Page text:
I like to think that as students our ability in distinguishing good from bad professors became refined over the years (I bet you are thinking on a few that fit these two categories!). However, our judgments are purely based on our preferences and they are worth what they are worth. It is not unusual that within your group of friends some like one teacher while others don’t. Some attach an approval stamp because of the teacher’s technical knowledge, others because of the teacher availability in answering questions and dedicating time to students outside the classroom, and others because they get a high grade in the respective course.
In this post, I want to address two questions intrinsically related: The first concerns teacher effect on students’ outcomes, and the second relates to teacher characteristics and how to consider them in measuring teacher quality.
Starting with the first question, and coming across some literature, I was surprised on how Hanushek (1981, 1986, 1996, 1997) concluded, in a series of studies, that educational inputs and students achievements are not systematically correlated, and, in many cases, what he considered to be measures of teacher quality, such as teacher education, teacher test scores and teacher experience, are not statistically significant for students’ outcomes. However, his claim has been highly challenged since then.
In 2003, and moving into the second question I proposed for this post, Jennifer Rice, from the Univeristy of Maryland, wrote that “a particular teacher attribute may be an important predictor of teacher effectiveness in some contexts but may not matter at all or may even have a negative effect in other contexts”. As so, she included in her research contextual variables such as the level of education that is being teached as well as the subject area. She found that teacher degrees are particularly important for student achievement at the secondary level, especially in the areas of mathematics and science, and also that pedagogical coursework (learn how to teach) is very important at all levels, namely in combination with content knowledge (knowledge of the subject). As a result, highly qualified teachers may not necessarily be high quality teachers.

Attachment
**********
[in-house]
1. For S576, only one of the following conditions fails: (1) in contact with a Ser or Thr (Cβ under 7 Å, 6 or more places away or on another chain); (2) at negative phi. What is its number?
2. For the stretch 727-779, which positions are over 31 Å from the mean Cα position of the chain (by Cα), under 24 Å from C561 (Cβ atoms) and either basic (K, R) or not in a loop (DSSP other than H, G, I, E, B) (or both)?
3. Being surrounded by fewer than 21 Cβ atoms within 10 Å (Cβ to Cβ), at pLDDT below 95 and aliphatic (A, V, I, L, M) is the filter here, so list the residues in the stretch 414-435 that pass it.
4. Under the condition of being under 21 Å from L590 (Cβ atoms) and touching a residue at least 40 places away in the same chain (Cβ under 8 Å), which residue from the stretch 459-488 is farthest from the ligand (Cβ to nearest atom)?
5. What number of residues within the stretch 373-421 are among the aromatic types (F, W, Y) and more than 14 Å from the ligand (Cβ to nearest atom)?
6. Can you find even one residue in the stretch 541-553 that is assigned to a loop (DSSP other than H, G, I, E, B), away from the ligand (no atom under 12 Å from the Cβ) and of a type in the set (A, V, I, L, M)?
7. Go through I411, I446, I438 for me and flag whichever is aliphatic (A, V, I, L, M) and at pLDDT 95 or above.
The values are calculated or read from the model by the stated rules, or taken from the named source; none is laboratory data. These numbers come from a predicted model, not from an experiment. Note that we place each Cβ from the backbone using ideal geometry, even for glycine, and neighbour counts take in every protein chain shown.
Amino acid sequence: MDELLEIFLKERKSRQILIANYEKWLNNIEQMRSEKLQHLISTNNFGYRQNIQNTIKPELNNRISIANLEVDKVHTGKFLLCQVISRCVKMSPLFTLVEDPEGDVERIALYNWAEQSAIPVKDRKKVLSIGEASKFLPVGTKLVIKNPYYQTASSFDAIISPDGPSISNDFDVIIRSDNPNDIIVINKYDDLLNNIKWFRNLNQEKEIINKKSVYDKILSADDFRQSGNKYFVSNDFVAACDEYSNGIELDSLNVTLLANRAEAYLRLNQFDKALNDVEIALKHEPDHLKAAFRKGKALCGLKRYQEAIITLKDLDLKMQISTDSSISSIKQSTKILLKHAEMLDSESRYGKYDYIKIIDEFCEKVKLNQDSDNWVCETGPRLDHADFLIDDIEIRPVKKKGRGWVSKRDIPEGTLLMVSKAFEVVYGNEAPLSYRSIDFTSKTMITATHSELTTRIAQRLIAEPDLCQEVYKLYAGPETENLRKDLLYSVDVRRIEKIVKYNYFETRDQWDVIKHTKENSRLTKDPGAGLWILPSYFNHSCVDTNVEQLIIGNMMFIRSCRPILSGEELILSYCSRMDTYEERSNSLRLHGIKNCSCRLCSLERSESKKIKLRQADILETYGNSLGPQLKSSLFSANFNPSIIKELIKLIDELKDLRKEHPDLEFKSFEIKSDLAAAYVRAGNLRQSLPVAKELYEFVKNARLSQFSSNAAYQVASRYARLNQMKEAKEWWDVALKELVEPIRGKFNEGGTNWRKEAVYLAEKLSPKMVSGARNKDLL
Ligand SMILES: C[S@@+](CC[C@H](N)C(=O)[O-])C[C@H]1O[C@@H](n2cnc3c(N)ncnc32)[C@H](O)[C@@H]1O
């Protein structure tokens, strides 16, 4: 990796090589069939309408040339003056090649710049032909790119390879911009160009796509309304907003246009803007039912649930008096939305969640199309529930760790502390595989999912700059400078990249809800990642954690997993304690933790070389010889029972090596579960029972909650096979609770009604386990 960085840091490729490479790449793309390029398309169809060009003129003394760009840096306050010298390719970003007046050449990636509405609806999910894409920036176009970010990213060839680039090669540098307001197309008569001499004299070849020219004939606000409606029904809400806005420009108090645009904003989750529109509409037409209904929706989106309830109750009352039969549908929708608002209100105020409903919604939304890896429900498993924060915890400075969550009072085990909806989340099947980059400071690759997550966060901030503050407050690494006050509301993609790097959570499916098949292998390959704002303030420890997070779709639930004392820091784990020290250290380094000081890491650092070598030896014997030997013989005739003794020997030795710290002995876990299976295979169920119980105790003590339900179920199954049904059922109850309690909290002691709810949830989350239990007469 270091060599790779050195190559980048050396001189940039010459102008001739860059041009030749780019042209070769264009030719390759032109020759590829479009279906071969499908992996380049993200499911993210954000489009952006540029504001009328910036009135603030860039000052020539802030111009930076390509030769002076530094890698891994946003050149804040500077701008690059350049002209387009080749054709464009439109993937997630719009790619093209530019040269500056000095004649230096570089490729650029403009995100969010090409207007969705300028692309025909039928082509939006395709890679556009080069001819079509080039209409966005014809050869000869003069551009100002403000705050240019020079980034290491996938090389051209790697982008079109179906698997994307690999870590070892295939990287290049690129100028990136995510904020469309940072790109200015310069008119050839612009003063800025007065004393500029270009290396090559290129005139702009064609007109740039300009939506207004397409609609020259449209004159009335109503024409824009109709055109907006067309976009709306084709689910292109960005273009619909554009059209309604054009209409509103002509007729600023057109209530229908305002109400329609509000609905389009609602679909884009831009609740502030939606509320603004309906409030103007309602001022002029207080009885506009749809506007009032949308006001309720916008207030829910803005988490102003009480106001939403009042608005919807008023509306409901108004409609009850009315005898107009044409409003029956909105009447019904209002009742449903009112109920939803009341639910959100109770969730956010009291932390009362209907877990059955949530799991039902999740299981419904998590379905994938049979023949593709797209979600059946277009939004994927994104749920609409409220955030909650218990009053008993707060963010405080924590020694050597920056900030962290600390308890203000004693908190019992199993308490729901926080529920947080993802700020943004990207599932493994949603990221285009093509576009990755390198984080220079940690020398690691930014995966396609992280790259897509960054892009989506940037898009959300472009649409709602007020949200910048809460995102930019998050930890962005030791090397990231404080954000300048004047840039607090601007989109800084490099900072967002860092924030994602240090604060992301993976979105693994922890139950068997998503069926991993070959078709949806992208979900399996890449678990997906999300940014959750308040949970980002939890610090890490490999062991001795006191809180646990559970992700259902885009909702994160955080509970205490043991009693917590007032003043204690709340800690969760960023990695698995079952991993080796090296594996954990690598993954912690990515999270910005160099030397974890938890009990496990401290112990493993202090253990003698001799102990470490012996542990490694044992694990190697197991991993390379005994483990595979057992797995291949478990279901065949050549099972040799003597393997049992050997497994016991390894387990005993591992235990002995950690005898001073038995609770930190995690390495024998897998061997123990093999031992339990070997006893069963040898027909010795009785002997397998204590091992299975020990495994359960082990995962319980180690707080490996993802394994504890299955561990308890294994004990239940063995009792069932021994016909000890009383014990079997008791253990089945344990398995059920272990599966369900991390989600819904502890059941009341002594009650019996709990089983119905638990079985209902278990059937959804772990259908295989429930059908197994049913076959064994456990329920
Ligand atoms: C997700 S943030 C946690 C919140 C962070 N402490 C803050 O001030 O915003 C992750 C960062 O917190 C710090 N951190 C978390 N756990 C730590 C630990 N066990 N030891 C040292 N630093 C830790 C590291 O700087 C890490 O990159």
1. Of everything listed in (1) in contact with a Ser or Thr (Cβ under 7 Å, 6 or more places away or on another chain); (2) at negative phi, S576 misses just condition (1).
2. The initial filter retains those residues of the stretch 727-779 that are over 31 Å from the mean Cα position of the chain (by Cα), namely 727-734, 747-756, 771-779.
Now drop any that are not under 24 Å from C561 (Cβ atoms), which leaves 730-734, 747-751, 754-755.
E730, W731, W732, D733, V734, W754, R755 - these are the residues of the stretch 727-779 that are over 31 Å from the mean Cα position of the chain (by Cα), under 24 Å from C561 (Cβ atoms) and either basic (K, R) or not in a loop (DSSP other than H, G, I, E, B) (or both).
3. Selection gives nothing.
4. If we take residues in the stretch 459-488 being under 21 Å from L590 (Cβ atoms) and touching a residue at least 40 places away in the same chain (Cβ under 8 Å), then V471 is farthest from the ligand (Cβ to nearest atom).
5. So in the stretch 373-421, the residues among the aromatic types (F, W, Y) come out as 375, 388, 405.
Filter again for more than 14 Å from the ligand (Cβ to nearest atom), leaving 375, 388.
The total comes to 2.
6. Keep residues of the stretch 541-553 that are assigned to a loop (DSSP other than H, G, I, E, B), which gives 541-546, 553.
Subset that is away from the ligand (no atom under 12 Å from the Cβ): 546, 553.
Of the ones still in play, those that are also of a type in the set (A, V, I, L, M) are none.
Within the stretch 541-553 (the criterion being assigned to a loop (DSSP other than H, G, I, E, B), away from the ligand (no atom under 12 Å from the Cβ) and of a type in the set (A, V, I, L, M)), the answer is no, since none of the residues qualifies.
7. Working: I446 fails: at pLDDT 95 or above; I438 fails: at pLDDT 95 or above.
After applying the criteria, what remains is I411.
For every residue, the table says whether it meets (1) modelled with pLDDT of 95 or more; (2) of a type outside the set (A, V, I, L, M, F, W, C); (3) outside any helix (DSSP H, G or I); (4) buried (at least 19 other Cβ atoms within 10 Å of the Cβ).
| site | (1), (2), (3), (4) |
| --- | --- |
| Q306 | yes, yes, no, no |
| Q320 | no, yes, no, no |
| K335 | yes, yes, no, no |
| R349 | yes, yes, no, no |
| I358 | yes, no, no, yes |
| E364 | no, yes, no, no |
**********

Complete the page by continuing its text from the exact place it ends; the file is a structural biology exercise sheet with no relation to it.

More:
More recently, Raj Chetty, John N. Friedman and Jonah E. Rockoff (2011) studied the teachers’ impact on students’ outcomes via the teachers’ “value-added” (VA) approach, defined as the average test-score gain for his or her students. Using a natural experiment arising from random teacher turnover, the authors argue that if test scores rise immediately after the teacher arrival to school and fall when he/she leaves, then he/she must be considered a high VA teacher. Following this identification method, the most striking point of their work regards the long-term effects of teacher quality, namely on students’ future earnings. According to them “replacing a teacher whose true VA is in the bottom 5% with one of average quality would generate cumulative earnings gains of $52,000 per student”.
In the end of the day, teachers seem to matter, not only in short but also in long terms. Shouldn’t countries be committed in designing and implementing effective teachers’ evaluation schemes? Clearly yes. The problem is no one really knows what makes a good teacher…
Rice, J. (2003) Teacher Quality: Understanding the Effectiveness of Teacher Attributes, Economic Policy Institute
Chetty, R., Friedman, J., Rockoff, J. (2011) “The Long-term Impacts of Teachers: Teacher Value-added and Student Outcomes in Adulthood”, Executive Summary of National Bureau of Economic Research Working Paper No. 17699